Archive for June, 2010

Plan vs Implementation

June 3, 2010

Okay I’ve already made adaptations to my Around the Clock Weave Pole drill. Nevermind that yesterday my clock was actually running in the wrong direction; I found that setting four jumps with a 20′ radius from the first pole at intervals dictated by the clock actually put the jumps too close together for flow approaches (unless I was doing teacup or something… but then the radius should be less than 20′. Eh?)

Anyhow I’m pleading heat-stroke from the last two days. I stood out in a fairly blazing sun for three days down in North Carolina. And you must know that the judge is the only one who has to suffer the sun in that way. Everybody else sits in the shade for the greater part of the day.

This is what I actually put up on the field. You’ll note that the set of jumps on the dismount of the weave poles, on either end, provide the “allure” enticement for breaking the performance early. I’m willing to accept that right now because it allows me to give my terrible correction (not praising or giving a reward) to make a training point. Kory is very clever about figuring out what he has to do to earn the reward.

The two jumps at the bottom center of the drawing represent different clock-face approaches to the weave poles depending on which side you are making the approach; give or take 15 minutes.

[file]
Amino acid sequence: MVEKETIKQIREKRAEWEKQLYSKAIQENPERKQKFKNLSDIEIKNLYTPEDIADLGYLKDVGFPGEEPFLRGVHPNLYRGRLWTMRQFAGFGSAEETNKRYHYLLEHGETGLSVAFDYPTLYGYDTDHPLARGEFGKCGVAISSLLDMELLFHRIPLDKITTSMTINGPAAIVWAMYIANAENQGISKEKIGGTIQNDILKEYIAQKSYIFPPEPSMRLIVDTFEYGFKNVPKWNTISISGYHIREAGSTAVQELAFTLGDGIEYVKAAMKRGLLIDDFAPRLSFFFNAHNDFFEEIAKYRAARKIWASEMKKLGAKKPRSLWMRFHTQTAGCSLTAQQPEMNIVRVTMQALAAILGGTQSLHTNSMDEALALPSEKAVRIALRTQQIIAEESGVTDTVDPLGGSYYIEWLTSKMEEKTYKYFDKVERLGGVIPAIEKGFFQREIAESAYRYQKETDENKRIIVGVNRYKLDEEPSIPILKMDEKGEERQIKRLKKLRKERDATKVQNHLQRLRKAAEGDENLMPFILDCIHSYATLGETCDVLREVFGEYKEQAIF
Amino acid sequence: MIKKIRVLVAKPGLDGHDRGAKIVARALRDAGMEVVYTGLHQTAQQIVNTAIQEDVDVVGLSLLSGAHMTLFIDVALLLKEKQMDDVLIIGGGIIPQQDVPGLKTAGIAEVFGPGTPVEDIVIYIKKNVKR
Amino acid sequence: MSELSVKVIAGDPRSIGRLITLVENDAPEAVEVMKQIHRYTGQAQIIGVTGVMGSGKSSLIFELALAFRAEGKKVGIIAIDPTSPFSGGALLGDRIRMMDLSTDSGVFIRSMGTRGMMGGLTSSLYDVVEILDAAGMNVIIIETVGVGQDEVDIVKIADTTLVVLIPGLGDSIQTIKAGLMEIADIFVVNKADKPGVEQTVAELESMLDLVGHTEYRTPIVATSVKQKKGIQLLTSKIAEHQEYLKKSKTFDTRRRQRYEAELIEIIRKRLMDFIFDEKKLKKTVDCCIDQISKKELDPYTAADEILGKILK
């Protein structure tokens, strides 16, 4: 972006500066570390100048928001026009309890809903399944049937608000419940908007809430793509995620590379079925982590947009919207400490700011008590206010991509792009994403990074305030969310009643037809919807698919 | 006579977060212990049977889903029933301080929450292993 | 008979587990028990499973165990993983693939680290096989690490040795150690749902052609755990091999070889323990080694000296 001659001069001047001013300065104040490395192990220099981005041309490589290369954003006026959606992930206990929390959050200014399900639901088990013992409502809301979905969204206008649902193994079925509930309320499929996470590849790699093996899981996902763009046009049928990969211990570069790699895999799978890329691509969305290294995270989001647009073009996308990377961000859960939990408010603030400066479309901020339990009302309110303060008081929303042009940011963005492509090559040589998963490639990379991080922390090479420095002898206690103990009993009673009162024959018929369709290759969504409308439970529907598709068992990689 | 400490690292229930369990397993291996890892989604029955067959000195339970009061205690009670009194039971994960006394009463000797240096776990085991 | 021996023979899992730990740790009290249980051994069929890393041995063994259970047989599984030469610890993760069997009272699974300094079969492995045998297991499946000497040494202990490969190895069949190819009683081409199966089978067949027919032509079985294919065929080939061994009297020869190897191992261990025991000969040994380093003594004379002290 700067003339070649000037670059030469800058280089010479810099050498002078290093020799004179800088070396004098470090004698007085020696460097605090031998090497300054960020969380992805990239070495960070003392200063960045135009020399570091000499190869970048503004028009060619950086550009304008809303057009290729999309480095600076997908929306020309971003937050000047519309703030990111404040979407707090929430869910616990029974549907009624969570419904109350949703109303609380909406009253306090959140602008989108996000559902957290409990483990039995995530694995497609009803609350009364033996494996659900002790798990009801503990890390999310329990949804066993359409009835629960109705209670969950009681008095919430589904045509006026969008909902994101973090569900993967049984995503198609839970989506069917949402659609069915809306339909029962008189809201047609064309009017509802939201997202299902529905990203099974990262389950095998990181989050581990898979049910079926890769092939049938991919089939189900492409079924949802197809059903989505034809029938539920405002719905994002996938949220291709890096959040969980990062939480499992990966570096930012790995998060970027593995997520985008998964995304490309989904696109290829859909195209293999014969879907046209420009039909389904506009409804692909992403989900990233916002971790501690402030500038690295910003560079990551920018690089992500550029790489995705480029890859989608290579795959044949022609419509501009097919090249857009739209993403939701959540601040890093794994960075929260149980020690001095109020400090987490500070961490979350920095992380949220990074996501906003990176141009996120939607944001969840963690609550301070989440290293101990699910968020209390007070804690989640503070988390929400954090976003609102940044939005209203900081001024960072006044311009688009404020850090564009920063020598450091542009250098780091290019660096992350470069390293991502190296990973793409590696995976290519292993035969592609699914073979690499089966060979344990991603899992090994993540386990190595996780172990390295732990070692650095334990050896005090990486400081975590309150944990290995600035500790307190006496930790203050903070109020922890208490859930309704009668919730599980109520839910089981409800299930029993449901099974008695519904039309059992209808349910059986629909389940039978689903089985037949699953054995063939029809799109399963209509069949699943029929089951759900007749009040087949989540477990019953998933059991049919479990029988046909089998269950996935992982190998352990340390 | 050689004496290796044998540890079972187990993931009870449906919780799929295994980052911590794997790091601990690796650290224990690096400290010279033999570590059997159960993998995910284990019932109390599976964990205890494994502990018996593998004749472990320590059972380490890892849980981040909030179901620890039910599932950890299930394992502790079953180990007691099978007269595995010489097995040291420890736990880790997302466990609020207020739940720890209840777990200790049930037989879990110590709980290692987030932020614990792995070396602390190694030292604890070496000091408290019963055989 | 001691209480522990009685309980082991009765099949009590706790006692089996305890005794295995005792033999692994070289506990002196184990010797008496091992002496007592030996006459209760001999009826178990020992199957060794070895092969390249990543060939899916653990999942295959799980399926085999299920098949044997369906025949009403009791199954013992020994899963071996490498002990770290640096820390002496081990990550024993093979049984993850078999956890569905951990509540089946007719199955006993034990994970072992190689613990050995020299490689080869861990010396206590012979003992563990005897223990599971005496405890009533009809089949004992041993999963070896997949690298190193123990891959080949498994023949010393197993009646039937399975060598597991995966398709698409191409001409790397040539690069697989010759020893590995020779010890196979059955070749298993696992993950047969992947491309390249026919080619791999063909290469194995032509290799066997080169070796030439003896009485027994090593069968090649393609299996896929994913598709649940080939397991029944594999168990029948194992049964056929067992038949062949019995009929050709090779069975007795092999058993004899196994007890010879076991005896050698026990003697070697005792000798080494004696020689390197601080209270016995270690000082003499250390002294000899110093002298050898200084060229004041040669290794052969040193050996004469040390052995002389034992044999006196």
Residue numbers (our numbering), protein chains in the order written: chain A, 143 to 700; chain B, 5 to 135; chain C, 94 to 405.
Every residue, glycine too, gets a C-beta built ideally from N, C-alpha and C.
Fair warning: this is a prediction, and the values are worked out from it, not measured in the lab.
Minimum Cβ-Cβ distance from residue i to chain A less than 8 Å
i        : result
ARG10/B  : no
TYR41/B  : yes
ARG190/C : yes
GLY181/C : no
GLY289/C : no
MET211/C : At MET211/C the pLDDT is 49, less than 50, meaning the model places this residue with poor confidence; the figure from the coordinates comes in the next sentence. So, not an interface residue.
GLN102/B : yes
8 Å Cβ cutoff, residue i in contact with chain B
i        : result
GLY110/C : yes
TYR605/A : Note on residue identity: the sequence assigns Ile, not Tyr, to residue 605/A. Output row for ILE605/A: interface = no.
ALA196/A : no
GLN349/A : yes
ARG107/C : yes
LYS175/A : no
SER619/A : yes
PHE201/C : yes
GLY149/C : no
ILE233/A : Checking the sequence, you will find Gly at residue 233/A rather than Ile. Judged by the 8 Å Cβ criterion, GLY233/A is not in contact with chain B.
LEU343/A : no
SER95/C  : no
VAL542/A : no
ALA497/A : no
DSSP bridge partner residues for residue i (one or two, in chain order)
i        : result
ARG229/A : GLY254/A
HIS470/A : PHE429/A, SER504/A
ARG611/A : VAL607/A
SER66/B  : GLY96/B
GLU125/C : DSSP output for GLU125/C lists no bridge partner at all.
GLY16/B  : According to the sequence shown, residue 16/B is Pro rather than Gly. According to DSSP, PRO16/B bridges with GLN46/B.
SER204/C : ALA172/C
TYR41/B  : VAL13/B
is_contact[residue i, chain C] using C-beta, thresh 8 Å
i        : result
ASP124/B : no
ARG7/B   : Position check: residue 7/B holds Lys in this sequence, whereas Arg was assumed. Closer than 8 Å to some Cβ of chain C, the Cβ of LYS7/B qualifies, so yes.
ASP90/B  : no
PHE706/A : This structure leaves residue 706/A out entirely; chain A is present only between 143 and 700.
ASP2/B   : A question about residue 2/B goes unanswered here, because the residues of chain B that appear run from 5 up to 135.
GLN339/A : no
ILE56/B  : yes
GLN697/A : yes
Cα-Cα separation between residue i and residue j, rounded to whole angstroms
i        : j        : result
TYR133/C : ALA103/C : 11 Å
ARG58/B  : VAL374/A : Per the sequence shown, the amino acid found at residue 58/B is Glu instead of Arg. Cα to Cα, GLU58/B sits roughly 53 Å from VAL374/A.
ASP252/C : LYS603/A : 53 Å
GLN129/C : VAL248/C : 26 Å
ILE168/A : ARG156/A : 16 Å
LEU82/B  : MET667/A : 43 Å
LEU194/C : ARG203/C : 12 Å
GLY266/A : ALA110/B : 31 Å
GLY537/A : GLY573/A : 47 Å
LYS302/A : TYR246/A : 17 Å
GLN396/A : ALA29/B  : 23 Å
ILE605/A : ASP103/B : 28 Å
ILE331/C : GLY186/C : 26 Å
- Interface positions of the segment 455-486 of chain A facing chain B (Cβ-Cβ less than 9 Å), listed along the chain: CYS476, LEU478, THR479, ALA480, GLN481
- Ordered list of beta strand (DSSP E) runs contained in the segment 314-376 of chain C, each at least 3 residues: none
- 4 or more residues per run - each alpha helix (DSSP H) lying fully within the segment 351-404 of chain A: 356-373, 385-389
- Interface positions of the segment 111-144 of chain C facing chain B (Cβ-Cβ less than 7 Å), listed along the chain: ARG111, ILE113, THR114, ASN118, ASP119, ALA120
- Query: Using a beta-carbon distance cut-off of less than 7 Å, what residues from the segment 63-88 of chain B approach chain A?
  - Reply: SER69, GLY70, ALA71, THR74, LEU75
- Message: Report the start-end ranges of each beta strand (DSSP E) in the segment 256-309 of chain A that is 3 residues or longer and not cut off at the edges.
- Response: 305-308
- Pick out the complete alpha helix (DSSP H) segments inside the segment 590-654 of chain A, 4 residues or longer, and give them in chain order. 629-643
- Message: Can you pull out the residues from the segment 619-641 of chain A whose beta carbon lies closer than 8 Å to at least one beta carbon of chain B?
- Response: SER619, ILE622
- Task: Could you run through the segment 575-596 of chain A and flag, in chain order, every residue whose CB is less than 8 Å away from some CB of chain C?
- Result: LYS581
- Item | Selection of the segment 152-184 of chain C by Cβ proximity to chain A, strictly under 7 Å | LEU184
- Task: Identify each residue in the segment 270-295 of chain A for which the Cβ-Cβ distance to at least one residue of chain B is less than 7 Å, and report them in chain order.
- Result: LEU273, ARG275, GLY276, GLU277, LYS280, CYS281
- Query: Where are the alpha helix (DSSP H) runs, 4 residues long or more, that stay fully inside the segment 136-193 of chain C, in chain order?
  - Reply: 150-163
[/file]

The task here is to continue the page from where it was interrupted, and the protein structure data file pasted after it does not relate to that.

The spacing of the jumps becomes important when I begin practicing my weave pole approaches out of sequence work. There are a variety of possibilities in this set of equipment. The obvious thing is the serpentine as demonstrated here. But I also might work on threadles and pull-throughs.

Note that distance work for an independent performance is implicit in all work I do with the weave poles. In general I will avoid working in the soft bit of real estate between the weave poles and the curl of jumps.

Bud’s Google-proof Trivia Contest

This fellow co-starred in an eponymous hit show in the 1960’s. He also was the star of a short-lived television show in the late 1950’s about a boy who lived in a circus whose parents had died in a trapeze accident (sometimes I think I’m the only one in the world who actually remembers that show).

This is a three-part question. Who is he? What were his stage names for both series I’ve mentioned? What are two series?

First correct answer, posted as a reply to this blog post, wins a free copy of the June Jokers Notebook.

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Questions comments & impassioned speeches to Bud Houston: BudHouston@hughes.net. Check out my latest publication the Jokers Notebook ~ Dog Agility Distance Training Plan – April 2010 available on the Country Dream Web Store: http://countrydream.wordpress.com/web-store/ . Readers of my web log get a discount: Enter “special04” in the box for the discount code. And that will take $5.00 off the price of the order.

Around the Clock Weave Poles

June 1, 2010

Fundamentally my approach to dog training is reward based. If my dog gives me the desired performance he earns a reward. If he fails… I withhold the reward. I was perhaps blasé about weave pole training in the early going. But now with my boy Kory eligible for play in August I’ll be intensifying my training efforts. To tell you the truth I had no interest in inflicting the weave poles on this leggy dog before he was a year old. That’s just me.